acting in committees plan and and put on the parties.
The Hrst activity of the year was the construction of the Honor Society float for
Homecoming under the direction of Harold Doornink. Members of the organization met
eight times during the year. Three of these meetings were informal teas, given to welcome
new members at the beginning of each term. At each of the teas musical selections were
given with Margaret Johnson and Margaret Bendix at the piano. Mrs. Eide was hostess
at a Christmas tea for the group, which then included new members joining at the close
of the first term. Gladys Bleisner was pianist.
Several parties were also given by the organization. Among those who appeared on
programs throughout the year were Carl Miller, James Grunke, Mary Catherine
O'Connell, and Jack Bailey. Especially entertaining was the program given by Carl
Miller, in which he described his trip through Europe the previous summer with his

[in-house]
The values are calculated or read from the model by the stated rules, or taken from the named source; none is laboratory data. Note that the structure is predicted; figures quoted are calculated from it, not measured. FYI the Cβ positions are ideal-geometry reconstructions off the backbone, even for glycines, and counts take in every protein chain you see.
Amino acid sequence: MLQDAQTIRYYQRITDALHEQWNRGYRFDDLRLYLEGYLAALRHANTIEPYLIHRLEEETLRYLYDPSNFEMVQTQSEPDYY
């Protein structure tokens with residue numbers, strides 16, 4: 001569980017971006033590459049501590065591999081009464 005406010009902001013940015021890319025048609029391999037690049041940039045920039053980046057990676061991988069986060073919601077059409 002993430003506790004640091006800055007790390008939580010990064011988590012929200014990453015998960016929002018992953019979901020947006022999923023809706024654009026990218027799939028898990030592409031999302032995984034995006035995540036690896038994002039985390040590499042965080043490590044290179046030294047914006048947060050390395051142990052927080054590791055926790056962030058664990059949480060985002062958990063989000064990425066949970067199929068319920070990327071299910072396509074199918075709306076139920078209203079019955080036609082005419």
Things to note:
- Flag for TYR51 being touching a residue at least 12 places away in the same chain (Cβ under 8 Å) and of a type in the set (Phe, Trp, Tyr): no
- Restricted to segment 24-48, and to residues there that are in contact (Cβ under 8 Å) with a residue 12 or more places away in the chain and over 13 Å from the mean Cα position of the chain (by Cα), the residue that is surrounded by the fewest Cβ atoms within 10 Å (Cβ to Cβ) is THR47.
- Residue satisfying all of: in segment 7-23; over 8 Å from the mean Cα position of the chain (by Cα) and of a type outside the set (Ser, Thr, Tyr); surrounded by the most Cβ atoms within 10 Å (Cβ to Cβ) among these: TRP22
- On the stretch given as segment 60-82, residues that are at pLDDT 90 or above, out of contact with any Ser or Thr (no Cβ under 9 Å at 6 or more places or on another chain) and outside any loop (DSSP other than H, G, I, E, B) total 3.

collegiate orchestra. Beautiful photographs and slides of Paris, London, and other famous
cities were shown.
This year, as has been customary with the Honor Society, several unique party ideas
were introduced. Chairmen for these parties were Margaret Bendix, Jack Osborne, and
Mildred Hillestad, each of whom introduced several new games to the group. Most fun
was the all-newspaper party, directed by Mildred Hillestad, in which newspapers were
used for every imaginable purpose-even that of costumes for the members. Jack
Osborne's game which attempted to make all Honor Society members into comic artists
also proved a success.
The two final meetings of the year consisted of the election of officers for 1940-41
in April and of a picnic in May.
All activities of the Honor Society are planned to foster a feeling of friendship
among the members and to give each person a chance to work with others.
Margarer Chapman Eide
Page 171 text: